Would America Have Been Better Off Without a Reagan Presidency?

February 5, 2011

His simple-mindedness had a touch of genius to it.

By Christopher Hitchens

"The centennial memoir of his famous parent by Ron Reagan (My Father at 100), which at first sight looks as slight as its author, is better than many press reports might suggest."

 Read More (Slate)


HJ said...

So, he's now a qualified admirer of Reagan. Hmmmm....

HJ said...

I say because it is strange of him to say this, "His simple-mindedness had a touch of genius to it" when in a fairly recent Slate article he wrote:

"The fox, as has been pointed out by more than one philosopher, knows many small things, whereas the hedgehog knows one big thing. Ronald Reagan was neither a fox nor a hedgehog. He was as dumb as a stump. He could have had anyone in the world to dinner, any night of the week, but took most of his meals on a White House TV tray. He had no friends, only cronies. His children didn't like him all that much. He met his second wife—the one that you remember—because she needed to get off a Hollywood blacklist and he was the man to see. Year in and year out in Washington, I could not believe that such a man had even been a poor governor of California in a bad year, let alone that such a smart country would put up with such an obvious phony and loon."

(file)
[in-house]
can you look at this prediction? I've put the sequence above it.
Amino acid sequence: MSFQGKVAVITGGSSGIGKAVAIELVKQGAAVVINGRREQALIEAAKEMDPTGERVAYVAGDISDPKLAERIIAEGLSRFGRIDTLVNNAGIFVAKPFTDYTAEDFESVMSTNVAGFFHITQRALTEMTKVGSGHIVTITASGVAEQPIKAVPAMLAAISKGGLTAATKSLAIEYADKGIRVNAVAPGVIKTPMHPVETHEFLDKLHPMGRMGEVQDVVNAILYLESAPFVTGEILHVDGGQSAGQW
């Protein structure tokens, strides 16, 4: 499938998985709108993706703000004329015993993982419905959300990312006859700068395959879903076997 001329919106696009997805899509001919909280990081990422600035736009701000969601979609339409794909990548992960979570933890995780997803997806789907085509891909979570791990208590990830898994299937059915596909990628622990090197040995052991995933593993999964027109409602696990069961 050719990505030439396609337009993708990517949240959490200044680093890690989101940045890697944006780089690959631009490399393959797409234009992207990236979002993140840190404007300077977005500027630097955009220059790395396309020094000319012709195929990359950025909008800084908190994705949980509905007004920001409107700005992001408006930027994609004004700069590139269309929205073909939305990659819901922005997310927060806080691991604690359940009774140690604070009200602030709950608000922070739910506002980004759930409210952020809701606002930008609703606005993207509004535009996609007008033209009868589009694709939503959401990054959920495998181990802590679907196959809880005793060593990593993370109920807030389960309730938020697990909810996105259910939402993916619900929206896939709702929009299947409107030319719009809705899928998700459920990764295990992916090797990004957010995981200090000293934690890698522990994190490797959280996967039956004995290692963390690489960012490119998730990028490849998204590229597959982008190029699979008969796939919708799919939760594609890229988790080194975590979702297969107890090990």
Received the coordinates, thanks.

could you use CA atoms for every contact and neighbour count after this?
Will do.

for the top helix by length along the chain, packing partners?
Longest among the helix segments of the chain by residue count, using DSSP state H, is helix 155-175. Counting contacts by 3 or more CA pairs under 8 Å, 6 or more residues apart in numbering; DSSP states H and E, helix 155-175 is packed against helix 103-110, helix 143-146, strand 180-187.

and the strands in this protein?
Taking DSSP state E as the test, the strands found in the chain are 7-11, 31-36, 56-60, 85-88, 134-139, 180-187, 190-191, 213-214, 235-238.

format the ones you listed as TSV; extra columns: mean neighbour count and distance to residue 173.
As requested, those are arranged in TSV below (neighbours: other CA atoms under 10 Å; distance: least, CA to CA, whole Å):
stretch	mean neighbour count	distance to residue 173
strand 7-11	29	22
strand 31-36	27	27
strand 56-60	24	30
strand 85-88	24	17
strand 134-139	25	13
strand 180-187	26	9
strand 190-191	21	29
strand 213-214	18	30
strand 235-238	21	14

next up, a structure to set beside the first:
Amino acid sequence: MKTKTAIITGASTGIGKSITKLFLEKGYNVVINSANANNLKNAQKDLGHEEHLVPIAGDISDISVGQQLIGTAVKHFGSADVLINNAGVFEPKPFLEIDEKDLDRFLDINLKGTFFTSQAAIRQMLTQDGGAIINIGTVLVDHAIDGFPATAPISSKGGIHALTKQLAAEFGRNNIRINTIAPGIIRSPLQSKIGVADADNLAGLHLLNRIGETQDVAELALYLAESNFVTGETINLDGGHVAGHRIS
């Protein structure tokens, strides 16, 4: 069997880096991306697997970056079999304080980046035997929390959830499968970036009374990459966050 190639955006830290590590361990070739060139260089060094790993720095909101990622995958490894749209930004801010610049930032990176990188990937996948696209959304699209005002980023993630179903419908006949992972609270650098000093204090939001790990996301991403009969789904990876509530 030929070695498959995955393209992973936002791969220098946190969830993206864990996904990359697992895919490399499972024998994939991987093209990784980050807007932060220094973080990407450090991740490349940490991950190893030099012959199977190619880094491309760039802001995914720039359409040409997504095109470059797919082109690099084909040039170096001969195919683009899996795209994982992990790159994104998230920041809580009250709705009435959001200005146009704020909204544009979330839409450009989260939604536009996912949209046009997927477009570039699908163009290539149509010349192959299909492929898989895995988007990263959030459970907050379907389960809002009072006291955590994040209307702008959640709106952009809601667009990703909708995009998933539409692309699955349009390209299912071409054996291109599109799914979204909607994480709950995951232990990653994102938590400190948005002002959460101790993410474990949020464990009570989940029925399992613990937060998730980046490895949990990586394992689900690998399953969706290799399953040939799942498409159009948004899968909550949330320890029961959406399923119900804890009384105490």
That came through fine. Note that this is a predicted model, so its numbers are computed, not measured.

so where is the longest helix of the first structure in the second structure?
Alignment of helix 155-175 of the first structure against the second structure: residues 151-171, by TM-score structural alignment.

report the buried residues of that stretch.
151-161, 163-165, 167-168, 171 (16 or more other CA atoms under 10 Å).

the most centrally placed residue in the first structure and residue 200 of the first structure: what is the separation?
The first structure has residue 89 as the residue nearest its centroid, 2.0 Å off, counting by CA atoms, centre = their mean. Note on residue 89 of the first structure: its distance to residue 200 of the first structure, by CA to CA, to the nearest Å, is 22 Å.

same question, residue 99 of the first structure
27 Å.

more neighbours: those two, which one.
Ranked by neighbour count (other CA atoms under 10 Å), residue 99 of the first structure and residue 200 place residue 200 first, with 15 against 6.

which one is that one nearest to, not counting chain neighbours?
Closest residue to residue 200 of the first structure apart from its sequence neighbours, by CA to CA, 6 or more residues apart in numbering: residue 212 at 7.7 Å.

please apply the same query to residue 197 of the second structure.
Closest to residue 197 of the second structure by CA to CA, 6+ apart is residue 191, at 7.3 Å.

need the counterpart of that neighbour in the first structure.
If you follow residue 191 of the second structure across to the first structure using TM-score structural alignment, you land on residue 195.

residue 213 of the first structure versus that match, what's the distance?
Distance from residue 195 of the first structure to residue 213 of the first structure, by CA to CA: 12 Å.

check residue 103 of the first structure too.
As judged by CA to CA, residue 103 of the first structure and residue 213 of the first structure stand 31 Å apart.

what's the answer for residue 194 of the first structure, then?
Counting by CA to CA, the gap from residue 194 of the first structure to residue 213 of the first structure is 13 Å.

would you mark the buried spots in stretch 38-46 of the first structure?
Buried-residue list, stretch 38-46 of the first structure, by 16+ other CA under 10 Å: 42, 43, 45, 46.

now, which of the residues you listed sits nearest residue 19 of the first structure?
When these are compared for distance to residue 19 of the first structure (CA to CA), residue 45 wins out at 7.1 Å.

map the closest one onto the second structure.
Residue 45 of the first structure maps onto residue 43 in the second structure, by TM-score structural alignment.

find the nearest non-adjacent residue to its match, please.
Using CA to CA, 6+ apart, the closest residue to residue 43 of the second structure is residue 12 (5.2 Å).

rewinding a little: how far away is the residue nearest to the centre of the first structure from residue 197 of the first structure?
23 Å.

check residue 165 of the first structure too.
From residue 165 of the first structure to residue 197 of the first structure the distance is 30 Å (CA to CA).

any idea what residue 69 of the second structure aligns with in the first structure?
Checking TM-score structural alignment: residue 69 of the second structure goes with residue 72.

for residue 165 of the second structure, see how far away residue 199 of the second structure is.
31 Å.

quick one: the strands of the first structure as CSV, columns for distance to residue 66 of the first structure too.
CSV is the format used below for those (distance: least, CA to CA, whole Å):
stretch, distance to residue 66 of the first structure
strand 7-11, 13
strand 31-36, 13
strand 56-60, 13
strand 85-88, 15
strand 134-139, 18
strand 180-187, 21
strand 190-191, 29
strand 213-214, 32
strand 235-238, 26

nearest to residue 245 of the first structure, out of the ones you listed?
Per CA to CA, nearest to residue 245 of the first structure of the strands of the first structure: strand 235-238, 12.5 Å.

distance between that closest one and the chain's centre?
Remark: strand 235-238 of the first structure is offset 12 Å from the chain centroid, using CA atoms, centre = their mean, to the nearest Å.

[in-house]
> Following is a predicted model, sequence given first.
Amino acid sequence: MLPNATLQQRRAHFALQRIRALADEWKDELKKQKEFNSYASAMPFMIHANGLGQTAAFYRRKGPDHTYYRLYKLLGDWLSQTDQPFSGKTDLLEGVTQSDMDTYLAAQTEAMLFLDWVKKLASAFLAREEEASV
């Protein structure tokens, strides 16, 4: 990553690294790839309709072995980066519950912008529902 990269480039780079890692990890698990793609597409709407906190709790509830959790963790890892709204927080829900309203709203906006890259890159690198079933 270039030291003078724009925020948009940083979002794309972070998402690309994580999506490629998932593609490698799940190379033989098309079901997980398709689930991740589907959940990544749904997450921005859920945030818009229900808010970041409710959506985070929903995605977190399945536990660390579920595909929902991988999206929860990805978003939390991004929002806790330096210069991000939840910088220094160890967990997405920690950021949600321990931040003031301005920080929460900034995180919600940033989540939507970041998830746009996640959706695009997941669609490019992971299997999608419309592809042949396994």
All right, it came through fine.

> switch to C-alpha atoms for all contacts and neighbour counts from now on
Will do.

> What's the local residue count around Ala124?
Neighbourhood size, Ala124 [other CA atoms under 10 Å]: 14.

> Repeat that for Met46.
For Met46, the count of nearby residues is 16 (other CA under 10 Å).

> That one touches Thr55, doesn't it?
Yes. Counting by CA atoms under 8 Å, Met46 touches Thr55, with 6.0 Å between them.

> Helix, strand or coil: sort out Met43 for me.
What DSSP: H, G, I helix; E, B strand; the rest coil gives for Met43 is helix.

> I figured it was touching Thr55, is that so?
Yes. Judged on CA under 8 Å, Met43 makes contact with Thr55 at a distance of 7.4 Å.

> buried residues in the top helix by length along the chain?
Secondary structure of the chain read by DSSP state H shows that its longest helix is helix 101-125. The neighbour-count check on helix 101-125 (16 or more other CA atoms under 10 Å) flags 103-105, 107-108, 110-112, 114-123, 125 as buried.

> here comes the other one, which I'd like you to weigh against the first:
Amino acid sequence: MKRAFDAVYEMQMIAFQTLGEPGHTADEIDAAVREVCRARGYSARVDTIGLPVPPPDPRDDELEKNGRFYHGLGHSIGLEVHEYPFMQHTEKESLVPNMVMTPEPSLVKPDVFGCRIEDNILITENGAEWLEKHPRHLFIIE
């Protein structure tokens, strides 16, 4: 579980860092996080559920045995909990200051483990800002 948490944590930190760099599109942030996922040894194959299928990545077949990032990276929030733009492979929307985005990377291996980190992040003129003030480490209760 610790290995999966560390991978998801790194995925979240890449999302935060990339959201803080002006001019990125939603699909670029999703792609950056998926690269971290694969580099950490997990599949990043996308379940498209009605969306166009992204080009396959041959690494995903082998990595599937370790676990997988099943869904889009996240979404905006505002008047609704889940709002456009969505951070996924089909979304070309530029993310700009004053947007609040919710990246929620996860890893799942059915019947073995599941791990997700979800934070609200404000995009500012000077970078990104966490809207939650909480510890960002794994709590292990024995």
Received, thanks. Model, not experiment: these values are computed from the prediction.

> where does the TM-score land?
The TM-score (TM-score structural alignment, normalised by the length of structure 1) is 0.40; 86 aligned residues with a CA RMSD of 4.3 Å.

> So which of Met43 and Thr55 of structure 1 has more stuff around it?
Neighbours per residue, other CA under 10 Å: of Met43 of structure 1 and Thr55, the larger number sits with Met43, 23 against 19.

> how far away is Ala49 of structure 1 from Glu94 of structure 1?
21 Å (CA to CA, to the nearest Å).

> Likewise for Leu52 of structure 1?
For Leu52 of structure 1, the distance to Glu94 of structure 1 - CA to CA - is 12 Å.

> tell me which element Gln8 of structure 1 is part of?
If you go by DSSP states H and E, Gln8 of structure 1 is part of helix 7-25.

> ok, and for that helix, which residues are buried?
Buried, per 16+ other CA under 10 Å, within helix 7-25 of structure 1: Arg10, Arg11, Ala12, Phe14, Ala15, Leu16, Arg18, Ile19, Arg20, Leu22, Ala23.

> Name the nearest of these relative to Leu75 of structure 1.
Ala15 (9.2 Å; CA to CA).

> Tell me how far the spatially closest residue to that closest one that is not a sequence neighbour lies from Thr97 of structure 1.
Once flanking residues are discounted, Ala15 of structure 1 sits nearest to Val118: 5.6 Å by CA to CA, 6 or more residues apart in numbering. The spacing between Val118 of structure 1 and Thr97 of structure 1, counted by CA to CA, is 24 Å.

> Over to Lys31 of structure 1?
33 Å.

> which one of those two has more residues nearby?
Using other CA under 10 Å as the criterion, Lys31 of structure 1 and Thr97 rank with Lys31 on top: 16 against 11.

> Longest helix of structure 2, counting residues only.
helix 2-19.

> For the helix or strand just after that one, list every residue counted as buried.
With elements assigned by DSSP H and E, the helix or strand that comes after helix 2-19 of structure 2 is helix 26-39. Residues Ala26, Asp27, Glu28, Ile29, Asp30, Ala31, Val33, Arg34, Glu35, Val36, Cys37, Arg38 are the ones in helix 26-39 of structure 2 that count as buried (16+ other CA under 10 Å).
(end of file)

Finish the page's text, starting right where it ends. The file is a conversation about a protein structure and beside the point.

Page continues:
And then he goes on to repeat the same story about the Glasnost Cafe in which he simply wonders whether or not Reagan was a better choice for the end-of-the-Cold-War moment.


It seems embarrassing to have two articles essentially saying the same thing with two subtitles saying very opposite things:

"The stupidity of Ronald Reagan"

Anonymous said...

to HJ: Not really, no contradiction.

Despite Reagan's redeeming qualities, he was still as dumb as a stump.

Anonymous said...


Just break down the sentence.

"His simple-mindedness had a touch of genius to it."

The "touch of genius" is a quality of "his simple-mindedness," not of Regan himself.

Hitchens is basically saying that Regan was so stupendously dumb that he just sort of worked out.

HJ said...

The "touch of genius" is a quality of "his simple-mindedness," not of Regan himself.

It doesn't do it for me I'm afraid.

It would be like reading, "Falwell's hucksterism had a touch of nobility to it."

Some people would view that as a climbdown and indeed if you read the recent article on Reagan you won't read him saying anything close to this:

I only saw him once up close, which happened to be when he got a question he didn't like. Was it true that his staff in the 1980 debates had stolen President Carter's briefing book? (They had.) The famously genial grin turned into a rictus of senile fury: I was looking at a cruel and stupid lizard.

Although even that article might be watered down compared with what he used to say about Reagan. (Anyone been into the archives?)

HJ said...